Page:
He would laugh and never say anything, but he continued in his own way. In the end when he was dying his disciples asked, “Now tell us: what was the secret? There must be something!”
He said, “There is nothing much in it; it is a simple phenomenon. I wanted to go to jail again and again to help the people who were inside to come out, and that was the only way – stealing small things, then getting caught. I had to manage both: first stealing things and then getting caught. And then the magistrate would send me for six months to jail and for those six months I would try to help the people who were inside to come out. And I am happy, tremendously happy, that I have helped many to come out of jail.”
Now this man is going knowingly, consciously; it is his choice. Even in the jail he is a free man. He is not imprisoned by anybody else; he has imprisoned himself, for a certain purpose.
So is the case with you, you have imprisoned yourself. This simply proves your freedom. Any day, if you want to get out of it, you can get out of it. I go on hammering only one thing on your head again and again: that there is another choice also, please don’t forget. You have chosen to be in sleep, you can choose to be awake. You have lived in sleep for many, many lives, you have seen all that sleep makes possible, now please see what awakening can give to you.
I have seen both and I tell you that sleep cannot give you anything; it only promises but never delivers any goods. Sleep can give you only dreams, hallucinations; sleep cannot fulfill you. I have known both, you have known only one. Those who have known both, listen to what they are saying. And if you come close to them you are bound to fall in love with them.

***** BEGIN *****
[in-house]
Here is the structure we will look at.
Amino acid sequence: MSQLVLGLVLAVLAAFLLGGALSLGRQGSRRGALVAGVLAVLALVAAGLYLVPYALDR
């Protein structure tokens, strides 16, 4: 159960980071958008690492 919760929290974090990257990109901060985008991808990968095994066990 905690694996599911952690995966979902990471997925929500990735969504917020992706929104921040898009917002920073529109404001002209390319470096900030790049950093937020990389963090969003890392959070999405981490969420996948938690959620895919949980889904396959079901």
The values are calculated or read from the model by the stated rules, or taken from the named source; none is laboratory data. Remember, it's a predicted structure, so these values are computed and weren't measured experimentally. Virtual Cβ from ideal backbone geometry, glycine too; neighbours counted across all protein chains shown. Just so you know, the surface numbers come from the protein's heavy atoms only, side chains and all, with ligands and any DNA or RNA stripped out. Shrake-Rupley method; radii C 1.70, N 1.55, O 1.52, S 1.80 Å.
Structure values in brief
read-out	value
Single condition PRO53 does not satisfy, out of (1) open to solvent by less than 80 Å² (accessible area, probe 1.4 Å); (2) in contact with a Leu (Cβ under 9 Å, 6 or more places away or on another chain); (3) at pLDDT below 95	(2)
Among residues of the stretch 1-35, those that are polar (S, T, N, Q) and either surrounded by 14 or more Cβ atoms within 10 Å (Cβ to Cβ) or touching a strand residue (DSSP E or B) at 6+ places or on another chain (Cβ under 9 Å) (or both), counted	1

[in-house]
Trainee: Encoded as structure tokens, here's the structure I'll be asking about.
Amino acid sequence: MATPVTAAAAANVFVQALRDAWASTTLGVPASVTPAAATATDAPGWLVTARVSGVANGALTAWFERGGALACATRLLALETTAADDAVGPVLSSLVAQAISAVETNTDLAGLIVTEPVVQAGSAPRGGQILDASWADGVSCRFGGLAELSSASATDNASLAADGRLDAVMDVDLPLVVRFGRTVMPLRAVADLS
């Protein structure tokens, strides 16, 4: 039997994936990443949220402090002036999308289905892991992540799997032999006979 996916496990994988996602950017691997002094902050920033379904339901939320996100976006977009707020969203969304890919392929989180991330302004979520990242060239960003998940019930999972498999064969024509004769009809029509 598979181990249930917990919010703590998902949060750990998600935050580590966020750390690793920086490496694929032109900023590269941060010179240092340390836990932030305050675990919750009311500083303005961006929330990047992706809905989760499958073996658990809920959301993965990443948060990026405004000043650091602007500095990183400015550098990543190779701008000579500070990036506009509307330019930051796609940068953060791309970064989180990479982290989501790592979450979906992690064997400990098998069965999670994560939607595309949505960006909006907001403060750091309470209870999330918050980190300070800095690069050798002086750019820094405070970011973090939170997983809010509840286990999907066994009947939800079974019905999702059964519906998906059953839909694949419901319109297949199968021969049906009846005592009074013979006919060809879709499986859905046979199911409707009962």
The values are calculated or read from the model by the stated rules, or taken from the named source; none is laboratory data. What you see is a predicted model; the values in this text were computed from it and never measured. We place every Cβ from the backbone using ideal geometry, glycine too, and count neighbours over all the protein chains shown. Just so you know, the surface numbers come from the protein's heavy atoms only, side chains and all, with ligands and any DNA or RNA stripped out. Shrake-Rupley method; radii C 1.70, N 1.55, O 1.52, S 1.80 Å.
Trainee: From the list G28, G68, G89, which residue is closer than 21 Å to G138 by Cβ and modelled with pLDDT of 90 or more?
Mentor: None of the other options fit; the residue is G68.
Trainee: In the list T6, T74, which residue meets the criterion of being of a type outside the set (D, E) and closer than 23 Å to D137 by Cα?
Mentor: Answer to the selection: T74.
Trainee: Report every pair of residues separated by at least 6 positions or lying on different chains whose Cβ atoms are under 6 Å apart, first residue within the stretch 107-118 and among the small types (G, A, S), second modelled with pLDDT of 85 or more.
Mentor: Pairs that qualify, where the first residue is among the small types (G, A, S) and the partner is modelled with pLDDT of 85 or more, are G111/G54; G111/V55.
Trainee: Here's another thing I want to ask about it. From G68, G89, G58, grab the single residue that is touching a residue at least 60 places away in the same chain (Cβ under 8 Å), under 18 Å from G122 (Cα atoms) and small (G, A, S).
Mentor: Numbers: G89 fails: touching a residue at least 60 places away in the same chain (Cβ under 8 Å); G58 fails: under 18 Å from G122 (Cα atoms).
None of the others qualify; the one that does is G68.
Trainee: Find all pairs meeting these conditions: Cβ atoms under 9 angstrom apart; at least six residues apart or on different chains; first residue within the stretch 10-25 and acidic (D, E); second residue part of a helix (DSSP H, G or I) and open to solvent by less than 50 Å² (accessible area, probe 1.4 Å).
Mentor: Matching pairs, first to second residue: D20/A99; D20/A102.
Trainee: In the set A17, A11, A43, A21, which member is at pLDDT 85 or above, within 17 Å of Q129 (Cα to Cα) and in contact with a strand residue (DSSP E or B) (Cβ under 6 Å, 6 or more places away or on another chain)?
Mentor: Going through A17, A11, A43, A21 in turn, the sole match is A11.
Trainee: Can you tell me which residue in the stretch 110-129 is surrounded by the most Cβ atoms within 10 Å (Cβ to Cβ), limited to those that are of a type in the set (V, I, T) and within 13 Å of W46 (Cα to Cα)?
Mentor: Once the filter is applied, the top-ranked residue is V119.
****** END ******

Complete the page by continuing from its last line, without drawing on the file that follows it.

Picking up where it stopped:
It is not a question of respect; respect is a formality. You respect the Christian priest, you respect the Hindu mahatma, you respect the Jaina muni, you respect the Catholic monk, you respect the Pope. You don’t respect Christ or Buddha or Krishna – you love them.
Respect is very ordinary; it brings no revolution in your life. It is a trick of the mind. The mind says, “Look how much I respect the holy people,” and there it is finished. Now what more can you do? You can respect them, sometimes you can go and touch their feet – it becomes a formality.
In India it is such a formality that it has lost its beauty, its tremendous power to transform people. People go on touching each and everybody’s feet. Children are taught from the very beginning to touch everybody’s feet.
In my childhood it was so. Any Tom, Harry, Dick who would come to my house, if he was aged my father would say, “Touch his feet.” I was always puzzled: “Why? I don’t see anything in the man, I have no feeling for him.” But it is a formality, it is a social obligation. You have to do it.